22. 22.  Gross ▪ Enlargement of the heart with dilatation of all four chambers ▪ Endocardial thrombi is commonly seen Microscopically ▪ Extensive interstitial and peri-vascular fibrosis ▪ Most common cause: ▪ Chronic alcoholism  Direct toxic effects of alcohol  Nutritional effects of alcohol  Toxic effects of additives – E.g. Cobalt ▪ Peripartum cardiomyopathy ▪ Chronic myocarditis ▪ Idiopathic
  23. 23.  Genetic inheritance – autosomal dominant Most common cause of sudden death in adolescents and young adults Gross ▪ Hypertrophied, non-dilated left ventricle ▪ Disproportionate, asymmetrical hypertrophy of inter-ventricular septum as compared to free left ventricular wall ▪ Obstruction of the outflow track ▪ May also present as concentric left ventricular hypertrophy Microscopically ▪ disarray of ventricular myocardial fibers ▪ hypertrophied bizzare myocardium cells. ▪ Seen typically in the septum
  24. 24.  Mitral Valve prolapse  Floppy mitral valve  Myxomatous degeneration of the mitral valve  Barlow’s Syndrome Aortic stenosis  Congenital  Rheumatic inflammation with fusion of cusps  Secondary calcification of congenital bicuspid valves  Primary degenerative calcification of normal aortic valves Acute bacterial valvulitis ▪ involves the tricuspid valve ▪ IV drug abusers
  25. 25.  Clinical Features Could range from no symptoms to non-specific symptoms and may also result in death.  None  Acute fulminating Congestive Heart Failure  Sudden Death
  26. 26.  Aetiology  Infective: ▪ Bacterial ▪ Rickettsial ▪ Viral ▪ Protozoal ▪ Fungal  Connective tissue disorders: ▪ Rheumatic Disease ▪ Rheumatoid Arthritis  Physical agents  Chemical poisons or drugs  Idiopathic
  27. 27.  Associated with a 9x increase in mortality Increased incidence with increasing age. More in men than in women of all ages. Positive Treadmill/Exercise Stress Test associated with increased riskSymptoms: ▪ Vague symptoms including tiredness and fatigue ▪ Chest pain ▪ Palpitations ▪ Shortness of breathIn one-fourth of patients, first symptom is sudden death.Approximately Half of all sudden death victims present with history of Atherosclerotic Heart Disease.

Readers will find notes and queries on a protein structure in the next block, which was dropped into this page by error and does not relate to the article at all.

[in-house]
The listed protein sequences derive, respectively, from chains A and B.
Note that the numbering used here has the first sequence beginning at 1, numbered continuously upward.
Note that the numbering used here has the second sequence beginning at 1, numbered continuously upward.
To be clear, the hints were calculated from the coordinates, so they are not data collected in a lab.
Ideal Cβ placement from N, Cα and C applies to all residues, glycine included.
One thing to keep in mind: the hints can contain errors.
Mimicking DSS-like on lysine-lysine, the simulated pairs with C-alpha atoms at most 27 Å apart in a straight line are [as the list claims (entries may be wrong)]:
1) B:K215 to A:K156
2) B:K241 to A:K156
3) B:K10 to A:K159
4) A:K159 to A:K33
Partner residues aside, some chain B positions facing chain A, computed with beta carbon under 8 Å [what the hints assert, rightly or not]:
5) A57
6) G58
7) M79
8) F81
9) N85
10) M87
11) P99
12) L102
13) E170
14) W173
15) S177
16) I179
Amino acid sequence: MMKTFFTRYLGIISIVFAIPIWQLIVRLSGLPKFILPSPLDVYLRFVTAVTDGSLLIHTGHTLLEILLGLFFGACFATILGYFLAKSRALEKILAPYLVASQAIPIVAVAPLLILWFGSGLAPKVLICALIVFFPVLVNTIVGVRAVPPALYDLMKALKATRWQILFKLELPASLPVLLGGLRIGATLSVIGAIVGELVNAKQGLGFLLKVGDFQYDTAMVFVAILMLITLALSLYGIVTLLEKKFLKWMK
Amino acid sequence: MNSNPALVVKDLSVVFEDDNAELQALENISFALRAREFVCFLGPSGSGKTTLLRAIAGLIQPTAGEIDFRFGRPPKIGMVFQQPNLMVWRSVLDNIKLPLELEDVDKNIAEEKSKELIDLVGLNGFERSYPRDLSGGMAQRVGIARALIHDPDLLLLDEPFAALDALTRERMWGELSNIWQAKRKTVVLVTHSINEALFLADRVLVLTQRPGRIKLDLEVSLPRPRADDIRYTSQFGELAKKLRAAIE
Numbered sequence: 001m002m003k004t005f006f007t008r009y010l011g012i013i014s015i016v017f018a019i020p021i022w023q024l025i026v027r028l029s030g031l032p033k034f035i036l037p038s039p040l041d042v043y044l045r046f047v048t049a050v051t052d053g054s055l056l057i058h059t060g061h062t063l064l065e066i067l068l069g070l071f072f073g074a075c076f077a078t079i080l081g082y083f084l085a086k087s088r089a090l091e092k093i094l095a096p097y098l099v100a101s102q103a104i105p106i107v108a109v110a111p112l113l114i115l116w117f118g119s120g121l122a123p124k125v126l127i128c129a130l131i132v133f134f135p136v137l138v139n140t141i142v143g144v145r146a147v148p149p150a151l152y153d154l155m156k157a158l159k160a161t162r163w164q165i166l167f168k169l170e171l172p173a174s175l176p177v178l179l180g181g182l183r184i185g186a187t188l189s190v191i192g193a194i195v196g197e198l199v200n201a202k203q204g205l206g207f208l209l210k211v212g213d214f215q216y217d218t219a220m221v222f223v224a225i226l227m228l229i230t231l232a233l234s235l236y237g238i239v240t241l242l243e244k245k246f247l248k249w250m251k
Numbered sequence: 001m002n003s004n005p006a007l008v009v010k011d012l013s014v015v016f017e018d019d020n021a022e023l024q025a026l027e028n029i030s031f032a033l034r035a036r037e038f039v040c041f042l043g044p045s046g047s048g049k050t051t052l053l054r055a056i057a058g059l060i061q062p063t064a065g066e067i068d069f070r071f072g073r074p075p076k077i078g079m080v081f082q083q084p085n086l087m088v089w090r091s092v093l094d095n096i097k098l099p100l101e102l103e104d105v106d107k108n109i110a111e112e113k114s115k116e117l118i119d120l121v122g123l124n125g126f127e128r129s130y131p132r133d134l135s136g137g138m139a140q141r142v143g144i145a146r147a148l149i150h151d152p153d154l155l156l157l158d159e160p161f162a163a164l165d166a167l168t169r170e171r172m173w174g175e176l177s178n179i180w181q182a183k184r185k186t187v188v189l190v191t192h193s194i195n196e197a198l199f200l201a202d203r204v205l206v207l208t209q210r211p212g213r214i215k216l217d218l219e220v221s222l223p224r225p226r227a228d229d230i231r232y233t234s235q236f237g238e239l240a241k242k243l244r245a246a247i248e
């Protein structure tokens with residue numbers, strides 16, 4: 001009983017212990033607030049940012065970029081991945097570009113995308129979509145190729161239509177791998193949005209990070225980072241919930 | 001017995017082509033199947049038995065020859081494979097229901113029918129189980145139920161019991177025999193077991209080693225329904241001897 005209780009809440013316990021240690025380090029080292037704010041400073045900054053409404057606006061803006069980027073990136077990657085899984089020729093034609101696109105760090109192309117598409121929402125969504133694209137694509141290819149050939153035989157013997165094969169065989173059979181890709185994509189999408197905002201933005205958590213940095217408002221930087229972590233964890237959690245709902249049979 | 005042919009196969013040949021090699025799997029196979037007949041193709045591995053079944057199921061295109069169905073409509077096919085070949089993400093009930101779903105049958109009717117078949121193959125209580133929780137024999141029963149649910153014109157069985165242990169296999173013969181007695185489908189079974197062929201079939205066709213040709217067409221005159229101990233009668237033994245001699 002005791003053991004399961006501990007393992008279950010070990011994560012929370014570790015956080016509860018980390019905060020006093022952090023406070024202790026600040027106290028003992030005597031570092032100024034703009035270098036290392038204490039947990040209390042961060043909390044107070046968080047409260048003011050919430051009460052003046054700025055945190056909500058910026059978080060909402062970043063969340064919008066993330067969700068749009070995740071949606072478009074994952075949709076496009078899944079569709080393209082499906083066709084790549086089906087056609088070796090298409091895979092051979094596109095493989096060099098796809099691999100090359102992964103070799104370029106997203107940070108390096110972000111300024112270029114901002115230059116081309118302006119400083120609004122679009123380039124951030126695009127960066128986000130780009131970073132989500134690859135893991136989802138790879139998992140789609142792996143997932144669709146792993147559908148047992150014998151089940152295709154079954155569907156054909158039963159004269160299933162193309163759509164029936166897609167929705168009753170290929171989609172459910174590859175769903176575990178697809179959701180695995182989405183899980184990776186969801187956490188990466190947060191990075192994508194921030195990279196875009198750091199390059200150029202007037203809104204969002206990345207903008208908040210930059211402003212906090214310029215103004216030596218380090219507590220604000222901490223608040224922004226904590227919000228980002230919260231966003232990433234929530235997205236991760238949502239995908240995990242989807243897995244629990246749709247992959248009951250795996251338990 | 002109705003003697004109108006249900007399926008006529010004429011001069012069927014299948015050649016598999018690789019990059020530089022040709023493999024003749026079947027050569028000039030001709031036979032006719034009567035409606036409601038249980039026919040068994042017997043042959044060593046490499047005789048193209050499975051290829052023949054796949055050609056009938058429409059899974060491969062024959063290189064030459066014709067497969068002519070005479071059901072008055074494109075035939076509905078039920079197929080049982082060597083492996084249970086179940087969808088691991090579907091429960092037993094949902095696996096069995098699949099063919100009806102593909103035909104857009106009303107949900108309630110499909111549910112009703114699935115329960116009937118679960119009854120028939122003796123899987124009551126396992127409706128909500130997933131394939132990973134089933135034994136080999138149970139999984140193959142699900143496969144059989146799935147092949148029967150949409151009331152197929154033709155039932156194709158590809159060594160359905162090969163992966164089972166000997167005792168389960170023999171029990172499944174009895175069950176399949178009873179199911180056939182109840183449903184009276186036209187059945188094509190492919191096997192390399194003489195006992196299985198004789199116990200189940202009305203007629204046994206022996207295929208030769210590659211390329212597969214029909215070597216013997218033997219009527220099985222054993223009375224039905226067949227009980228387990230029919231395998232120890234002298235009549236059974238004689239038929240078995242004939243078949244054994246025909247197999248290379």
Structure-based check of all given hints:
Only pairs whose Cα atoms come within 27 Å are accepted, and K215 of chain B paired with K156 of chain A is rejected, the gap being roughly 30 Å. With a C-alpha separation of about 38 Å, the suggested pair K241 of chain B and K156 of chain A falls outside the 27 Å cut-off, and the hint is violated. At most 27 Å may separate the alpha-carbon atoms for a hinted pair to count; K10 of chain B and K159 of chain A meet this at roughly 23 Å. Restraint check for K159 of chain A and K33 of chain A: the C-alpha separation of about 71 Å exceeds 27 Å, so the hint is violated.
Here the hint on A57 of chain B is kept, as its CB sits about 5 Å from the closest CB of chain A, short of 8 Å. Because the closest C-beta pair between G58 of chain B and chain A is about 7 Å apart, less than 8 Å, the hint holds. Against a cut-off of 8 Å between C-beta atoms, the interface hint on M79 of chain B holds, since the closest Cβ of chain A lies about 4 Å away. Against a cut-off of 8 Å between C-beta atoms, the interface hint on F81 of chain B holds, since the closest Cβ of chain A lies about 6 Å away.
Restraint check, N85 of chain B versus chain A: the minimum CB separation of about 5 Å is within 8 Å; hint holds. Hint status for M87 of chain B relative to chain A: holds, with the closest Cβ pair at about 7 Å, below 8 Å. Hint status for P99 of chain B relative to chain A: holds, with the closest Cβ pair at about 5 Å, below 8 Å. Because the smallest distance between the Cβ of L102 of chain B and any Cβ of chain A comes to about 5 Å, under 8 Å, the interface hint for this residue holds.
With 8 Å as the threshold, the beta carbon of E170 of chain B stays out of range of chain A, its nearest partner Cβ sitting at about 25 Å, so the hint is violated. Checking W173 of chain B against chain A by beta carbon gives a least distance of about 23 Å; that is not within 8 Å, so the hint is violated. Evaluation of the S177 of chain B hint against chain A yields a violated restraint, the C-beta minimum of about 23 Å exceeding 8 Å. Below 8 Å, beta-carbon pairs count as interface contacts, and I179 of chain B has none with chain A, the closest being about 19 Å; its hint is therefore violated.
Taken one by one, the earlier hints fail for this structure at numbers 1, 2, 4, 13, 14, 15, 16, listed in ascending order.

28. 28. “ANY TIME and ANY PLACE” Sudden death is the first and last symptom in ¼ of individuals with cardiovascular disease. Half of individuals with coronary atherosclerosis die suddenly. Sudden dysarythmias occur in people with no distress previously.
  29. 29.  Sudden death, in an individual with significant coronary atherosclerosis, occurs due to  Myocardial ischemia  Acute electrical event – a ventricular tachydysrhythmia  “Super-imposed transient risk factor”
  30. 30.  Transient rise in Blood pressure Sympathetic discharge Coronary artery spasm Embolism Sympathomimetic stimulation of heart ▪ Caffeine ▪ Epinephrine ▪ Cocaine
  31. 31.  Exercise ▪ Increased heart rate ▪ Increased myocardial oxygen demand ▪ Increased catecholamine levels – ‘hyper-excitability’ Majority of cases of acute cardiac event presents with only electrical instability with only a few showing signs of infarction. Only a small percentage of sudden death is associated with acute coronary artery occlusion with thrombus and myocardial infarct Majority of cases of coronary artery disease who die in the hospital are associated with thrombotic occlusion and infarct.